How did you get started with composing Sacred Heart Explosion?

I was in Chamberlain, SD, in the middle of a road trip. I woke up, walked out onto my balcony, and heard this hymn playing from a church across the river. There was something about that ethereal sound that sounded like the painting, and so that was my starting point. I don’t generally quote material in my work, but since Darger’s process included tracing objects into his paintings (like the sacred heart in Sacred Heart: Explosion), I decided I wanted to trace that hymn into my piece, to represent the sacred heart. After I got back to New York, I called the Chamberlain Chamber of Commerce to ask where those bells would have been coming from. They directed me to a local church, and I called them and asked if they knew which hymn had been playing that morning. They could only give me a list of the hymns that were in rotation that month, so I got a hymnal and played through all the hymns on the list until I found the one I heard that morning. It turned out to be Jerusalem, the Golden, which is played literally by offstage chimes and harp about a quarter of the way through the piece, and which informs all the other musical decisions I made.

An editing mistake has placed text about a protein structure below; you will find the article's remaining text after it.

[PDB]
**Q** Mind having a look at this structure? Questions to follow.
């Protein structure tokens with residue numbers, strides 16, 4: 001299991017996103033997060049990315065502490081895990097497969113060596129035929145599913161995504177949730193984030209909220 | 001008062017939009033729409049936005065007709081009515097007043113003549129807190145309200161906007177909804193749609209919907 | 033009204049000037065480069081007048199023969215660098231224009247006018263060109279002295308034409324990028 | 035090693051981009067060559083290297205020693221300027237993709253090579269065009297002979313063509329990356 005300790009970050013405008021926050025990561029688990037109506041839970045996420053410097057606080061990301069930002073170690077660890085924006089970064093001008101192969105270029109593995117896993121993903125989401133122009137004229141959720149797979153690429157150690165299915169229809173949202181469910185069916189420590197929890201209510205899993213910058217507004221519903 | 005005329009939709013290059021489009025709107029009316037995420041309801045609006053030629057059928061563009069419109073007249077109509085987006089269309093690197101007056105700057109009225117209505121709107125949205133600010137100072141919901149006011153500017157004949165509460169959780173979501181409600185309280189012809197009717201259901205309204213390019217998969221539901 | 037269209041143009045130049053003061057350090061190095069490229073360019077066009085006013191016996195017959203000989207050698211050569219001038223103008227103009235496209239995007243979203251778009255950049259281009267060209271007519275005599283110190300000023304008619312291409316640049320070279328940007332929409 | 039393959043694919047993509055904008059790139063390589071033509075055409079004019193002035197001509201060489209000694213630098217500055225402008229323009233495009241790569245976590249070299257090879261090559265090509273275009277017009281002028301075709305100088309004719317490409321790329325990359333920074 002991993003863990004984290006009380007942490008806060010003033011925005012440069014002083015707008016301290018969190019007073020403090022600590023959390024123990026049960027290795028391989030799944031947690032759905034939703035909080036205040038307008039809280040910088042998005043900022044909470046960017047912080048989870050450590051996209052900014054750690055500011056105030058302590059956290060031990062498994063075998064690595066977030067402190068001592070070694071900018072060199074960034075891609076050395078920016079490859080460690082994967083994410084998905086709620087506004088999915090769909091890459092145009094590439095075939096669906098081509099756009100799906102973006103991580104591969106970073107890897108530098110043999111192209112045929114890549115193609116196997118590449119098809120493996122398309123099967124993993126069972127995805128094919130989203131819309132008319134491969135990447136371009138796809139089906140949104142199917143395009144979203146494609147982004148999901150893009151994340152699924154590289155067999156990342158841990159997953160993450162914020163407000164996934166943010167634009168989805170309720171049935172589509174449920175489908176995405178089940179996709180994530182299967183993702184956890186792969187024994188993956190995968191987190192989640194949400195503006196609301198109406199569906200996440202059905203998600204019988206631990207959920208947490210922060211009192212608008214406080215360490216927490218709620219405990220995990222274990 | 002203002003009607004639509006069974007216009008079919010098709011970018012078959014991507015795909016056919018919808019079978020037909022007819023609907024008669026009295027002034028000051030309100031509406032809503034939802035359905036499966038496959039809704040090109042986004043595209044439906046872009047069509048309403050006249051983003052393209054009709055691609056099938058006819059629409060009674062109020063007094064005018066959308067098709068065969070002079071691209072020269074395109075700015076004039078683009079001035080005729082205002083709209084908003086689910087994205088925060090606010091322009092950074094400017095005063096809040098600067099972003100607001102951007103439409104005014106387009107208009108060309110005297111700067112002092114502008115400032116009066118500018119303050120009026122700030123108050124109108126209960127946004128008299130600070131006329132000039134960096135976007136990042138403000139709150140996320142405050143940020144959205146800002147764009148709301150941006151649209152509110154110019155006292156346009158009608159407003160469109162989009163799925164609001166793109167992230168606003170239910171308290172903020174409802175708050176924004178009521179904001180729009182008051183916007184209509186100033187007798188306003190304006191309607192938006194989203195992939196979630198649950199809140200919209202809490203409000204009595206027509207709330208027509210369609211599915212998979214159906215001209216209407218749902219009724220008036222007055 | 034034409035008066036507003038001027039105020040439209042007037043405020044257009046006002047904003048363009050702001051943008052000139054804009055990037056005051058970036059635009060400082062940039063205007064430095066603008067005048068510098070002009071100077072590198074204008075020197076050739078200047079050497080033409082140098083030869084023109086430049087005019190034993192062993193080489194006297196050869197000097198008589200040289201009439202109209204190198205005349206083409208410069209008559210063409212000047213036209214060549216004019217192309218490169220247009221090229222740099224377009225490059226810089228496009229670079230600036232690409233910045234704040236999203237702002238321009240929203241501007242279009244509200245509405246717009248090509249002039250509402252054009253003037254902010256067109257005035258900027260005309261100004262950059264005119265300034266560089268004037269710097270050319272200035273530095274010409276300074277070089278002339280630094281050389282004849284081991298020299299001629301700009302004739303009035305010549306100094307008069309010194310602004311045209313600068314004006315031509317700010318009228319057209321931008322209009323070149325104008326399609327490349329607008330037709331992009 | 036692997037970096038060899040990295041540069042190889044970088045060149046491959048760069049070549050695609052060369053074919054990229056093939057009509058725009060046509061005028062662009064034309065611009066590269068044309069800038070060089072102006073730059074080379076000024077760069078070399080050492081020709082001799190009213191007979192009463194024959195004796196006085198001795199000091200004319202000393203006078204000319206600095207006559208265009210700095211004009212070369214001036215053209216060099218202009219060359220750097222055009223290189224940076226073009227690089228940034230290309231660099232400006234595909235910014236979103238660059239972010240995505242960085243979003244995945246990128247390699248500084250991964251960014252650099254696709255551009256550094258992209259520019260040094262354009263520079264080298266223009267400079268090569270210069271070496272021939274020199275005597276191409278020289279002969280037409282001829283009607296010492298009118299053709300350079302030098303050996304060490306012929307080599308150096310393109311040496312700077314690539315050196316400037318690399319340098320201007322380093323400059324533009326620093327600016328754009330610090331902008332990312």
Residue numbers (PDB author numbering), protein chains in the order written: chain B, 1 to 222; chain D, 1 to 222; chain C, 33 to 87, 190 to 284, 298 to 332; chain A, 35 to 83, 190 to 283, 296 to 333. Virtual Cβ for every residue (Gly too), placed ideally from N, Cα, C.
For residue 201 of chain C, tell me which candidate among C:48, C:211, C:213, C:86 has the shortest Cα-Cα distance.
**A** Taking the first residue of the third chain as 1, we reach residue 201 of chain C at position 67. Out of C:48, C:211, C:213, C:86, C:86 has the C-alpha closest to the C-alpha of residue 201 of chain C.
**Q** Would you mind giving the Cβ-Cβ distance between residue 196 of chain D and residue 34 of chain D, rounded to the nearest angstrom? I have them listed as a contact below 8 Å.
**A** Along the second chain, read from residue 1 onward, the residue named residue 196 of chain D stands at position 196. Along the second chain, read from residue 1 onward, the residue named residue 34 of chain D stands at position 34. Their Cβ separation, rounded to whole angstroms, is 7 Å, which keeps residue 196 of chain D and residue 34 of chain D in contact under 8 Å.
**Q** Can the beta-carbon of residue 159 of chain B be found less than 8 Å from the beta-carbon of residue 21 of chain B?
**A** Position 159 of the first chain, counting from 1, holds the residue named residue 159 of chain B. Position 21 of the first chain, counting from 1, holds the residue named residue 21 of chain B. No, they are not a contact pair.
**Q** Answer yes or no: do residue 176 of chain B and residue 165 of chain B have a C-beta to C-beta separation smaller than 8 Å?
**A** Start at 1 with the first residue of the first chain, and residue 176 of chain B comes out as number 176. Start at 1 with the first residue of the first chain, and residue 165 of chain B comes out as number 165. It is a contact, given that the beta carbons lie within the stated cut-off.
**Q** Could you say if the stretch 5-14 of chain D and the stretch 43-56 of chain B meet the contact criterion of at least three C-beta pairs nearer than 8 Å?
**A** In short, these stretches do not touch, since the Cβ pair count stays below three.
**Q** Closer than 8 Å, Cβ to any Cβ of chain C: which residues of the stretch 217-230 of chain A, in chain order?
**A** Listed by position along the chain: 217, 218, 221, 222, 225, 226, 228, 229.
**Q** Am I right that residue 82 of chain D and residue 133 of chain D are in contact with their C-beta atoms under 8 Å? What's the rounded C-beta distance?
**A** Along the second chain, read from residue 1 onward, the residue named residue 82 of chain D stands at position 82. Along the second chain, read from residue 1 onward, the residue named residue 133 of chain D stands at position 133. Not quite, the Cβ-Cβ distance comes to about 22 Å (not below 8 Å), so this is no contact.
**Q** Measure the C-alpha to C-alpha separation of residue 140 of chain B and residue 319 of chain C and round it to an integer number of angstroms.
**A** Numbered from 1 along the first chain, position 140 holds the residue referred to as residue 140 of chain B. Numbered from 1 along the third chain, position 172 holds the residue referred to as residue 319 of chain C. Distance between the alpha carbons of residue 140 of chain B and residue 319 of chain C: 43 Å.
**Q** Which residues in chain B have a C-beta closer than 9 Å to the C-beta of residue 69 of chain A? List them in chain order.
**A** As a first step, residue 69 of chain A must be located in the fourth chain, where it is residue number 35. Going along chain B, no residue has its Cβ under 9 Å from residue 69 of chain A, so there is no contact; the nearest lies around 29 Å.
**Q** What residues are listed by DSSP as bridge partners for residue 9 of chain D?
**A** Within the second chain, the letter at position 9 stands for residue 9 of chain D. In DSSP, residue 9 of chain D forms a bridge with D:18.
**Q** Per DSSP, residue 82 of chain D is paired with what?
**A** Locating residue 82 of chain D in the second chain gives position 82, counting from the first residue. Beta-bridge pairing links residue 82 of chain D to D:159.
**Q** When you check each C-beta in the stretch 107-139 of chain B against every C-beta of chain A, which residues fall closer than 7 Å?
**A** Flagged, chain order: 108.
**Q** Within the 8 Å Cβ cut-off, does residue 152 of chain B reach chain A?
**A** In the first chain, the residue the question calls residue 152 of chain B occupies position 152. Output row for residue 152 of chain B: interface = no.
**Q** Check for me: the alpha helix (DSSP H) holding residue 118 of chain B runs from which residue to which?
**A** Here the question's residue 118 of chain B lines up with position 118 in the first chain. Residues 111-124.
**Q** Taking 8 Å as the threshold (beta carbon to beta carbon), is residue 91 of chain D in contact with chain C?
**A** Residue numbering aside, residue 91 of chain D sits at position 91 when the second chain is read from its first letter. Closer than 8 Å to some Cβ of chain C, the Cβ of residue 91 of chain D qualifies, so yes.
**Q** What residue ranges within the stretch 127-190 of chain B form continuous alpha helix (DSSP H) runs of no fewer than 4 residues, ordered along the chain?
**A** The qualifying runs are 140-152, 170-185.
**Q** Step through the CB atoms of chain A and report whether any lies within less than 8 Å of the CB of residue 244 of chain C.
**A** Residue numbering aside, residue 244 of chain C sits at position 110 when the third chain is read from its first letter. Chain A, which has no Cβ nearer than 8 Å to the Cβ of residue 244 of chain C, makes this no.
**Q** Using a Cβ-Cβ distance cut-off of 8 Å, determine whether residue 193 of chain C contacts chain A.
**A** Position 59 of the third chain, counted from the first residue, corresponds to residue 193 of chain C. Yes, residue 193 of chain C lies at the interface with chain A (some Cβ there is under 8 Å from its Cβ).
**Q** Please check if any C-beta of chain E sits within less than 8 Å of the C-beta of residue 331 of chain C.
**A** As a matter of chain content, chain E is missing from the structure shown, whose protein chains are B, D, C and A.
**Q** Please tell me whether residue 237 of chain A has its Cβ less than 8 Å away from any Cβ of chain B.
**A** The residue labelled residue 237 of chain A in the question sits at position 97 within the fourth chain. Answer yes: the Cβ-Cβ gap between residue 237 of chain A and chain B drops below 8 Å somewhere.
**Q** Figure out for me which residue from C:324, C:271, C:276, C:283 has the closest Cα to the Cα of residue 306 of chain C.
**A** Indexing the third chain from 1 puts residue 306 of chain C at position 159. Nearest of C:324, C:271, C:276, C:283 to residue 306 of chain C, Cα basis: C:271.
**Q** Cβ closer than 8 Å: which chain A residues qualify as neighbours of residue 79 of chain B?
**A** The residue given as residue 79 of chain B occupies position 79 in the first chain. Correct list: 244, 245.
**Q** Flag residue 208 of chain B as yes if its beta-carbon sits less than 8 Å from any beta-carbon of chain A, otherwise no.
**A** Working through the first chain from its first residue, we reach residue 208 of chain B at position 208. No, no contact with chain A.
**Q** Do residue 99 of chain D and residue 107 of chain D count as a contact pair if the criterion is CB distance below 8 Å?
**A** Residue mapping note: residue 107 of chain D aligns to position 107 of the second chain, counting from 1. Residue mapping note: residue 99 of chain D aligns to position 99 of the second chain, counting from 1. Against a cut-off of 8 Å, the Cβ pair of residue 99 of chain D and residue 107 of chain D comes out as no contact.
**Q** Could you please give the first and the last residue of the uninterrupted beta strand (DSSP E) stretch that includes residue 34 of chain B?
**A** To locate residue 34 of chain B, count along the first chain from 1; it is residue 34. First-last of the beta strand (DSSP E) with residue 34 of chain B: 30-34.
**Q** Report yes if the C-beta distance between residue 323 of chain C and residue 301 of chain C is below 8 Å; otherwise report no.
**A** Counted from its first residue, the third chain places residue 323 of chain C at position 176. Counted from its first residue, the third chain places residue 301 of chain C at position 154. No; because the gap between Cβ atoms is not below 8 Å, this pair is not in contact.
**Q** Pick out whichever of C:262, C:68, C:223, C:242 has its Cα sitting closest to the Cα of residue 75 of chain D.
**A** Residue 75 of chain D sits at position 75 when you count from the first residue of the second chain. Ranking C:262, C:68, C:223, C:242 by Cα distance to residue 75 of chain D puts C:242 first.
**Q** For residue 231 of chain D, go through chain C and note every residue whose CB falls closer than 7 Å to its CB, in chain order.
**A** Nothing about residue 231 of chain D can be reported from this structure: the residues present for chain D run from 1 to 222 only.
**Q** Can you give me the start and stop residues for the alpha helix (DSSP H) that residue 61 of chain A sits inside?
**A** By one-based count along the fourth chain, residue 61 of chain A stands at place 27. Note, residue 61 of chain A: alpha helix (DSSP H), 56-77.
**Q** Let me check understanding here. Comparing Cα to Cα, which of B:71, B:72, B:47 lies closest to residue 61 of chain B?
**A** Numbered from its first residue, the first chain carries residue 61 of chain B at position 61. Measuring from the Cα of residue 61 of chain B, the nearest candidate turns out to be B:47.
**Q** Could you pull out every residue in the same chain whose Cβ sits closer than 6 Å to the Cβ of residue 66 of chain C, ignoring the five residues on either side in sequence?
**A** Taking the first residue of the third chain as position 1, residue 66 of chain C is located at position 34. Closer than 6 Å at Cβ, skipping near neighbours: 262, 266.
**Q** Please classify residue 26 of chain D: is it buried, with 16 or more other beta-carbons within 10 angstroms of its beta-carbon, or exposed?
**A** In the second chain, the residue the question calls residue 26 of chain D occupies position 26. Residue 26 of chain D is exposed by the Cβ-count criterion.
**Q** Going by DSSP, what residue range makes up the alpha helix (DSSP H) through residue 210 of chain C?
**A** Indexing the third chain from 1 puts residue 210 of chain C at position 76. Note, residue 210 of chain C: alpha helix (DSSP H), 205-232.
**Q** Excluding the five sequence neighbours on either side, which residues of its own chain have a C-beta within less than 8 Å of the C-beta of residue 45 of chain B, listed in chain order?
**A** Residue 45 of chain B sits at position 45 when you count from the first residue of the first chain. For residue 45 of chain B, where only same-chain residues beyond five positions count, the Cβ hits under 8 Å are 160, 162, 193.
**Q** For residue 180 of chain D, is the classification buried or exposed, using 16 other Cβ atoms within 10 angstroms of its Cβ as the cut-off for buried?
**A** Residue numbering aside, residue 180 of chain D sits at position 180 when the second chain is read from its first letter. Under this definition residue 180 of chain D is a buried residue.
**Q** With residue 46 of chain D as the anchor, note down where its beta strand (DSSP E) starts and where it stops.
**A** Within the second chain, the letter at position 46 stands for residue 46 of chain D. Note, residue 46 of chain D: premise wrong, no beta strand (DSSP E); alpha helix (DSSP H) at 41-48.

How did you discover Henry Darger’s paintings and why are you so interested in his work?

My sister, who is an art historian, turned me on to his work. There’s a purity and uniqueness to it that is hard to come by in the work of trained artists, and the paintings have this combination of intimacy and monumentalism that I strive for in my own work.

Can you describe your work, Sacred Heart: Explosion?

The painting is a diptych, so my piece is divided into two parts, the first musically depicting the left half of the painting and the second the right. Formally, the two halves of the painting are very similar; the sacred heart on the left is replaced by the explosion on the right, the floating angels on the left by the girls with rifles on the right. So for example, Jerusalem, the Golden, which is played in its entirety in the first half of the piece, is then musically “exploded” for the finale.

How many times has it been performed?

This version has been performed twice, a set of performances by the NSO and a set by the CSO. It has a lot of bells and whistles, so logistically it’s difficult to perform.

Now that you will have the opportunity to participate in many rehearsals and spend time with the musicians of AYS, what would you like the orchestra to focus on or  know about the piece beforehand?

Well, I would love if some of the orchestra members became interested enough in Darger’s work to investigate him on their own.

What do you think will be the most challenging for the orchestra?

There are some weird extended techniques that are tricky – the trumpets playing with their bells on the skin of the timpani, the trombone playing into the bell of the tuba, and the gong part is kind of crazy and probably needs to be memorized, but overall, there are a lot of little details in the orchestration that are difficult to get.